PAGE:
A just-published piece in Jing Travel tells tour operators who organize tours of the city for high-net-worth individuals (HNWIs) the four things most important to China’s luxury travelers. Excerpted here, the short list is based on conversations with operators who have experience with packaging NYC product for Chinese HNWI travelers.
(“VIP luxury shoppers are regularly invited to stores’ grand openings in China, [so] when they travel abroad, they expect a similar ‘rolling out the red carpet’ kind of experience,”—Serena Huang, founder of YOLO luxury travel, a New York-based boutique travel agency.)
The List of Four Most Important “Do’s” follows:
- Provide Fodder for their WeChat: Even affluent Chinese travelers like to get a bargain. But in New York City, shopping is often less of a priority because only American brands such as Kate Spade and Tory Burchare cheaper than they can find them elsewhere. Instead, what attracts them most is the experience of shopping in an exclusively NYC style that will impress their friends on WeChat. To accomplish this, they prefer to interact with local people as much as possible. High-end retail stores such as Barneys and Bergdorf Goodman.
- Personal Shopping Assistants: In order to maximize their time in New York, they expect to shop with the help of a personal assistant and a mandarin-speaking translator. A good personal shopper can intuit a client’s style immediately, and knows the equivalent sizing across different brands, making the experience seamlessly efficient. They are also knowledgeable about local fashion trends, and can offer an expert eye on some more sophisticated luxury goods that travelers won’t come across in China.
- Chances for Career and Social Advancement: According to Serena Huang, founder of YOLO luxury travel, a NYC-based boutique travel agency, Chinese women usually shop for themselves and family, whereas men like to buy business gifts. This different shopping preference reflects the type of events they wish to attend in store. In partnership with a third party, usually a financial institution like Morgan Stanley or Wells Fargo, tour operators often collaborate with luxury retailers to host networking events. They bring high-net-worth clients from China, mostly men interested in making career connections with New York-based professionals. In such settings, the store and the goods displayed function as an ice-breaker, and an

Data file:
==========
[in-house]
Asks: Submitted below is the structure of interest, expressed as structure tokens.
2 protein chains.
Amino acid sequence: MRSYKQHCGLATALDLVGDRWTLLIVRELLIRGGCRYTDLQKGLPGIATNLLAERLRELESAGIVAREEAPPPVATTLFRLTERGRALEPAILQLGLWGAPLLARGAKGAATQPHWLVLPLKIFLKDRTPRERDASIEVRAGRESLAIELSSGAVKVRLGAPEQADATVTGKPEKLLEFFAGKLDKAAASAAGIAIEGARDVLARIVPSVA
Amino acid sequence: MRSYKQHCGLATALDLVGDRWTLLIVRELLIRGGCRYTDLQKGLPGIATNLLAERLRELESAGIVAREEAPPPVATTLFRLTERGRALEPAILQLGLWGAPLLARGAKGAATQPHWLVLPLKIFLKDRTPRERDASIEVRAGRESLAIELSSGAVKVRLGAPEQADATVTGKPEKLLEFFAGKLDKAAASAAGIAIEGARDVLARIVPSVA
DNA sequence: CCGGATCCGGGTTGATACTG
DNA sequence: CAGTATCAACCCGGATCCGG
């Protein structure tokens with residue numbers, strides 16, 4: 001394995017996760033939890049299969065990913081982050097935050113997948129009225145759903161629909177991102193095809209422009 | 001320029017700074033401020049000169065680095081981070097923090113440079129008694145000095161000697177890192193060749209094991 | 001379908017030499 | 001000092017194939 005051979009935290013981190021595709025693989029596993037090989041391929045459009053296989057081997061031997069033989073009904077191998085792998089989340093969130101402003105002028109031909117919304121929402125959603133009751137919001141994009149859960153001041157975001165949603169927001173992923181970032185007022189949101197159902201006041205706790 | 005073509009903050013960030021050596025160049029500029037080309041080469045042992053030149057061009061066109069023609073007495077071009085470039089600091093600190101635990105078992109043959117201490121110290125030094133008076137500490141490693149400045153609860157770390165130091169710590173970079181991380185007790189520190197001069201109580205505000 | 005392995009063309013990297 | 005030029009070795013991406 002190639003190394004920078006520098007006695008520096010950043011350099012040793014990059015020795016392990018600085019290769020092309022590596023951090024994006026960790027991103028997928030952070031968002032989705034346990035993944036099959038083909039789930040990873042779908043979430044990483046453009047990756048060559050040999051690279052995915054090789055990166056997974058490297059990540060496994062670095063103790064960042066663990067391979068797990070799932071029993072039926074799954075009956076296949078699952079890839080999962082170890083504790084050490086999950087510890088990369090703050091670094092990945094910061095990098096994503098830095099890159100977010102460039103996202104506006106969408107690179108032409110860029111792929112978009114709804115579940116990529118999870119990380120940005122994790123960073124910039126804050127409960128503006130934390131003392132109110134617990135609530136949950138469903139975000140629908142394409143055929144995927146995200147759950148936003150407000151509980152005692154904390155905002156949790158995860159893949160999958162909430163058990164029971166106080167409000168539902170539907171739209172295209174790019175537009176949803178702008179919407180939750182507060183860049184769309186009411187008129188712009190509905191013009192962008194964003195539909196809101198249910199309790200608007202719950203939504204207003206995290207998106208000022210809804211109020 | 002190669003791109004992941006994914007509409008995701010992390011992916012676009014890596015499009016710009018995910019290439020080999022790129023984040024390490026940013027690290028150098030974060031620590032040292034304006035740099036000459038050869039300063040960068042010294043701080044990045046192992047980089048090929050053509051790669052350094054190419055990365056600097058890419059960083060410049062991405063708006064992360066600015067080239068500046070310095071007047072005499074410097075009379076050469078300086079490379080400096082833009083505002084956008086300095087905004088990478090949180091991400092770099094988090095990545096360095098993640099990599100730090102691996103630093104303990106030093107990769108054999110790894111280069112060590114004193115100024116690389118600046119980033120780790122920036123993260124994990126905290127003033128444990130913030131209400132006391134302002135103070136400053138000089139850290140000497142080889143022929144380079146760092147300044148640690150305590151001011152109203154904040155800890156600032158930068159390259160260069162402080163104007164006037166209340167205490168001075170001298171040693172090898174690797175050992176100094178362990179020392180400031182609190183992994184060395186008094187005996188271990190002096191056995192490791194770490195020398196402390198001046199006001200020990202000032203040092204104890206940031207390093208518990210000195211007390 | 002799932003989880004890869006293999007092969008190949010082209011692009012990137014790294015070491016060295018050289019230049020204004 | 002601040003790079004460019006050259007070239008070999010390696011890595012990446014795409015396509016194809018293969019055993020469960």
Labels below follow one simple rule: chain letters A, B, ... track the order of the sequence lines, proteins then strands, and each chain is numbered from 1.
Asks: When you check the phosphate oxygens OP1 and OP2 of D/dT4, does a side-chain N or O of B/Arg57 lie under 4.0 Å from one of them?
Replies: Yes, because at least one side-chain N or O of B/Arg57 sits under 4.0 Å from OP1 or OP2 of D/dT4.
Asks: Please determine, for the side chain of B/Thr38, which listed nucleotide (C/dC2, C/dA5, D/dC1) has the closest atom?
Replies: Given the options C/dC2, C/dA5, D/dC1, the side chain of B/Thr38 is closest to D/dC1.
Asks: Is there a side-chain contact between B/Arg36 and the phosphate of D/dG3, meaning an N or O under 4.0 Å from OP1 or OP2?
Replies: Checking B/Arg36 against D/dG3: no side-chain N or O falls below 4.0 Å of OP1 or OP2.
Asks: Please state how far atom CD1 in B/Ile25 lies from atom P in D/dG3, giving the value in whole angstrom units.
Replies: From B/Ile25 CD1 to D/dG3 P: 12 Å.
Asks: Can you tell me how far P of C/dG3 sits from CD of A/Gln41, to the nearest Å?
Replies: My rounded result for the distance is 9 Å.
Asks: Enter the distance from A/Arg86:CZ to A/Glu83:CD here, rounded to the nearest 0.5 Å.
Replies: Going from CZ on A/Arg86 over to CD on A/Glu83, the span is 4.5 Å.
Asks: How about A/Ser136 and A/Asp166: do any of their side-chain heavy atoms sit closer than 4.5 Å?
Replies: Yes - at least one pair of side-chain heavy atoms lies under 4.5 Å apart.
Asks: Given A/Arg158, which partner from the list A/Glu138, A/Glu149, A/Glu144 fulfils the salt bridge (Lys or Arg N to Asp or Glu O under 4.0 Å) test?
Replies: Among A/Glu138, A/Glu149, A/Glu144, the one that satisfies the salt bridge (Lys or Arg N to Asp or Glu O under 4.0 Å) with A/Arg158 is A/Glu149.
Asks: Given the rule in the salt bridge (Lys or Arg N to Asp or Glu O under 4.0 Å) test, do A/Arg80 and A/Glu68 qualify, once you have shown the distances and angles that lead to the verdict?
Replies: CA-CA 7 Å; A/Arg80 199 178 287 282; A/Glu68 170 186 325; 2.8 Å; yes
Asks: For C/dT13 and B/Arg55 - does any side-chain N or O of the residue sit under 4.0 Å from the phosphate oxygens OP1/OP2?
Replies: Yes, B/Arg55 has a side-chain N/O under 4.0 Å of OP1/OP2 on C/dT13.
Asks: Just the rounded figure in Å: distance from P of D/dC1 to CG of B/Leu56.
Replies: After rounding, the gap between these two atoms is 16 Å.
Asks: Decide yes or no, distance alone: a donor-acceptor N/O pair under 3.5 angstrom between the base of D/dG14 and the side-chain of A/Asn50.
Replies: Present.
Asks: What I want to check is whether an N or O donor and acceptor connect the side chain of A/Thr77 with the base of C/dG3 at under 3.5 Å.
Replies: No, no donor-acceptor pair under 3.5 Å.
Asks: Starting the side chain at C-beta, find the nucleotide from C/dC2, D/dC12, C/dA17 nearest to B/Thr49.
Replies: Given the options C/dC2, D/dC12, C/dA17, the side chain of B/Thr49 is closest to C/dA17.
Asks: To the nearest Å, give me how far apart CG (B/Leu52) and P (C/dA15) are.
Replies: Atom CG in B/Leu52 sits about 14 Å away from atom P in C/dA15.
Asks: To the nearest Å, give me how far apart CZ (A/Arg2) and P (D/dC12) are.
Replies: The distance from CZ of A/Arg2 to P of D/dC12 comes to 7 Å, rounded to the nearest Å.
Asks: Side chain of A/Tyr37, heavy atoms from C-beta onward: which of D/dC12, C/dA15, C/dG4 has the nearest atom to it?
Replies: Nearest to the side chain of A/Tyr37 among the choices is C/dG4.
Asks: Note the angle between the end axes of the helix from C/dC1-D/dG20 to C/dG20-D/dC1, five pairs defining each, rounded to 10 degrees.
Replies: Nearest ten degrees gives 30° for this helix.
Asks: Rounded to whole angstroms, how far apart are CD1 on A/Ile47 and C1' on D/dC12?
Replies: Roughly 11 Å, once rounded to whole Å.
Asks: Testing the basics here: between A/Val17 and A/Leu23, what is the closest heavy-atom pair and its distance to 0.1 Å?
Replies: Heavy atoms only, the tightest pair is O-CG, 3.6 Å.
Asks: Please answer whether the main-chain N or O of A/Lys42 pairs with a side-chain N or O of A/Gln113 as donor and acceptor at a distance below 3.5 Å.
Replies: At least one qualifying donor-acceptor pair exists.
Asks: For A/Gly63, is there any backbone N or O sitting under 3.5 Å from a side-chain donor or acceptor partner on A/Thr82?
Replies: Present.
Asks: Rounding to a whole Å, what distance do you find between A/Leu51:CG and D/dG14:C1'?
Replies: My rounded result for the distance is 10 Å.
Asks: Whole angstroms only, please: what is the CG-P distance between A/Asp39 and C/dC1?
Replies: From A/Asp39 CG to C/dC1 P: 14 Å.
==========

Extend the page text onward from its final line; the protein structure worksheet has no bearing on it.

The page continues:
- Secret Spots: For younger affluent Chinese travelers, itineraries are influenced by media and KOLs (Key Opinion Leaders). They like to visit independent stores around Soho and art galleries in Chelsea during the day, and sip cocktails in a speakeasy in the East Village at night. Local, hidden gems excite them.
One tour operator told Jimg, for example, that they will take clients to a secret lingerie museum inside the Victoria’s Secret store on Fifth Avenue, which opened in May this year. Its latest exhibit features a $3 million angels’ bra, Gigi Hadid’s bodysuit, and Stella Maxwell’s crystal-encrusted one-piece from last year’s Victoria’s Secret Fashion Show in Paris. A lingerie expert will also introduce the fashion show’s history and host a pajama party, where she offers tips on wearing bras the correct way. Other experiences on young travelers’ bucket list include Tiffany’s newly opened Blue Box Cafe, which offers them a chance to channel their inner Audrey Hepburn.